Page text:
Refining Process Against Impurities

Refining plays a crucial role in metallurgy. Any metal which has been extracted from its ore is usually impure in nature. This impure metal which is extracted is called crude metal. Refining is a method of removing impurities in order to obtain metals of high purity. The impurities are removed from crude metal by various methods based on the properties of the metal and the properties of impurities. Some of the methods involved in the purification of crude metal are:

  • Distillation
  • Liquation
  • Electrolysis
  • Zone refining
  • Vapour phase refining
  • Chromatographic methods

Distillation: This method is used for the purification of metals which possess a low boiling point such as mercury and zinc. In this process the impure metal is heated above its boiling point so that it can form vapours. The impurities do not vaporize and hence they are separated. The vapours of the pure metal are then condensed leaving the impurities behind.

Refining - Distillation Process

Distillation Process

Liquation: In this method, melting point of the metals are taken into consideration. Metals with low melting points are purified using this process. The melting point of the impurities is higher than the metal.  The metals are converted into liquid state by supplying heat at a temperature slightly above their melting point. Pure metal melts and flows down from the furnace leaving the impurities behind.

Electrolysis: In this process the impure metal and a strip of pure metal is used. The crude metal is made to act as an anode and pure metal is made to act as a cathode. They are dipped in an electrolytic bath which contains the soluble salt of the same metal. As electricity is passed through the solution, the less basic metal moves towards the anode mud leaving the more basic metal in the solution. For example copper is purified using this method.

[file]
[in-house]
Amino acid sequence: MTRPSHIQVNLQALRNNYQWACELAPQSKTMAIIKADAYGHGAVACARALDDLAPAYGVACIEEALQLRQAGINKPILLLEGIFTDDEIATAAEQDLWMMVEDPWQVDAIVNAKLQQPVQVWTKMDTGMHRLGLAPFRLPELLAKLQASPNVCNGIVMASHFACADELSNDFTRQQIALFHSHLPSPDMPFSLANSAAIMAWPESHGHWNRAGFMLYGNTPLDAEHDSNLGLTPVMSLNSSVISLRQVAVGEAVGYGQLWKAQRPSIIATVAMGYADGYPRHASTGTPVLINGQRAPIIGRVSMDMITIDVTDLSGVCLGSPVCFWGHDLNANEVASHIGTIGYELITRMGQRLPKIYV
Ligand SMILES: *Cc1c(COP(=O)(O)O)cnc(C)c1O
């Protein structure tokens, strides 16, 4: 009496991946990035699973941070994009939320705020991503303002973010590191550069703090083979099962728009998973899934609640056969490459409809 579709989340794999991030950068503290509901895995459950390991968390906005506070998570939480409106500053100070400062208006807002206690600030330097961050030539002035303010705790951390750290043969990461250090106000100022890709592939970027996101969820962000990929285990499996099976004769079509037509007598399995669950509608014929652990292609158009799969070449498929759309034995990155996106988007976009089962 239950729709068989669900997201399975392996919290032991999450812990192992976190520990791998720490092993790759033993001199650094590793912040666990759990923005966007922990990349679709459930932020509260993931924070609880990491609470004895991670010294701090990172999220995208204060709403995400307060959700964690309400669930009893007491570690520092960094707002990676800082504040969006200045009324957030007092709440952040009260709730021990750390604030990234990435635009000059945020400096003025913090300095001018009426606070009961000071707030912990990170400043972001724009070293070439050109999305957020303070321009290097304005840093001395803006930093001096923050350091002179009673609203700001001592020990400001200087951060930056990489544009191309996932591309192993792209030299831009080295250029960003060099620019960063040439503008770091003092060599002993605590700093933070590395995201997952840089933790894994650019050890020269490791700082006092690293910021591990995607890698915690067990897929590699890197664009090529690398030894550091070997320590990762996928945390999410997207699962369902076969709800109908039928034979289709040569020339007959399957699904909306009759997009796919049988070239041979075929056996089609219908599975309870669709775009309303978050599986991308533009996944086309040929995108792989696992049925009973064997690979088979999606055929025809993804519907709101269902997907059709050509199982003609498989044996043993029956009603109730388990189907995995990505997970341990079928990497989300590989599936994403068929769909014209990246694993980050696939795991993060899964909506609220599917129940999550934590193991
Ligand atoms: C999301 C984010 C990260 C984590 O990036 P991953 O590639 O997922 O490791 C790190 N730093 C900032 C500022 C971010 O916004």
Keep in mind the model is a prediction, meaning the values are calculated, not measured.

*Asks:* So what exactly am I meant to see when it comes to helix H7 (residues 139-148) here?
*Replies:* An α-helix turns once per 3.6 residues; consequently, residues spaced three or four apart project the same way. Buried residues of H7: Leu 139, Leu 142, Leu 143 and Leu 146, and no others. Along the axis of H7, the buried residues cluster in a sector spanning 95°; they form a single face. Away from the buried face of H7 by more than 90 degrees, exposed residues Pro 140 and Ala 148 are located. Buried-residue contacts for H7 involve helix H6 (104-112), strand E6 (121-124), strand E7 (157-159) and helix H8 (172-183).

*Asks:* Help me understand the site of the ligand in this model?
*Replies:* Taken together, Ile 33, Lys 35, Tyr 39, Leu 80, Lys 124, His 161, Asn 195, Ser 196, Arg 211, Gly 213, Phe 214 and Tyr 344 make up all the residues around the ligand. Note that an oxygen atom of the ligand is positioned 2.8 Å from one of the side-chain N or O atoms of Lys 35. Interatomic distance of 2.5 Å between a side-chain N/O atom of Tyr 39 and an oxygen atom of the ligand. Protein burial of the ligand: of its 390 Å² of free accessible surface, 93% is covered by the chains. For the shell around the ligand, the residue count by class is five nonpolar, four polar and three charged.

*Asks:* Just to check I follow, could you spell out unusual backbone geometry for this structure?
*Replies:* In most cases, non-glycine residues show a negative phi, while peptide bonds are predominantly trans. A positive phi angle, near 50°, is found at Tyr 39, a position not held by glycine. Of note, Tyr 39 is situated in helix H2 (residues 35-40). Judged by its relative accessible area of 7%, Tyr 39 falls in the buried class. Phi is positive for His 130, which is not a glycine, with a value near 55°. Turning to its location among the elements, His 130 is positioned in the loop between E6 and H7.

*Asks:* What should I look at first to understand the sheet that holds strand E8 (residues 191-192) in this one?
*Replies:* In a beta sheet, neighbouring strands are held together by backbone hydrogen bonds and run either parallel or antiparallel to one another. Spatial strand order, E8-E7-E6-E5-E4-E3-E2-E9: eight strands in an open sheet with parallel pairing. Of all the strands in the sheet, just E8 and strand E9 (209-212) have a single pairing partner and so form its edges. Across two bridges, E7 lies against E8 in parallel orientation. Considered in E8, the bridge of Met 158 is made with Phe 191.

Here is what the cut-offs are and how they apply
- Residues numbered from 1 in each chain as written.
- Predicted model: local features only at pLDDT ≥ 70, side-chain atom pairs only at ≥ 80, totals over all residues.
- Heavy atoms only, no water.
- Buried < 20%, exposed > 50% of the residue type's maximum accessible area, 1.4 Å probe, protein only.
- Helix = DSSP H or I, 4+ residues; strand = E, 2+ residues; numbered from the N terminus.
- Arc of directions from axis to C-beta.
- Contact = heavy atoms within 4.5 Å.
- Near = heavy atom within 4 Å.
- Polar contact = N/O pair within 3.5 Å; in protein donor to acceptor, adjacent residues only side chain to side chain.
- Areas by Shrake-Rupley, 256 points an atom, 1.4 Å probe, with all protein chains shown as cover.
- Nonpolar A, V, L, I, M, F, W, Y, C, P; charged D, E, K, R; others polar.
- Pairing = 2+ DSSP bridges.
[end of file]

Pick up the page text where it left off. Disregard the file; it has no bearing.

Electrolysis

Electrolysis

Zone refining: Metals such as germanium, silicon, gallium, indium and boron are made free from impurities using this method. In this process the impure metal is attached to a circular mobile heater at one end. As the heater is moved, the pure metal crystallizes out and the impurities pass on to the adjacent part of the metal. This way the impurities get accumulated at the other end of the rod which is cut in order to obtain the pure metal.

Vapour phase refining: In this type of purification, the metal should form a volatile compound in the presence of a reagent and it should easily decompose in order to recover the metal. The metal is transformed into its volatile compound. This volatile compound then undergoes decomposition in order to give pure metal. For example: nickel is purified in this manner.

Chromatographic method: In this method the crude mixture is put into liquid or gaseous medium. This medium is moved through an adsorbent. Different components of the mixture are adsorbed at different levels of the column. These components of the mixture are removed by using suitable solvents.

To understand the procedure involved in each technique in detail watch the video tutorials on Chemistry only on Byju’s YouTube channel.


Practise This Question

In a weird sequence of amnesiac time-travel events, you are transported to 16th century Germany where the only practical fuel (or energy source) is firewood. Suppose you are given a piece of Copper which contains silver in small quantities. As luck would have it, you have a good quantity of Lead at your disposal. In this scenario, which one of the following metallurgical methods would you choose to refine the impure copper?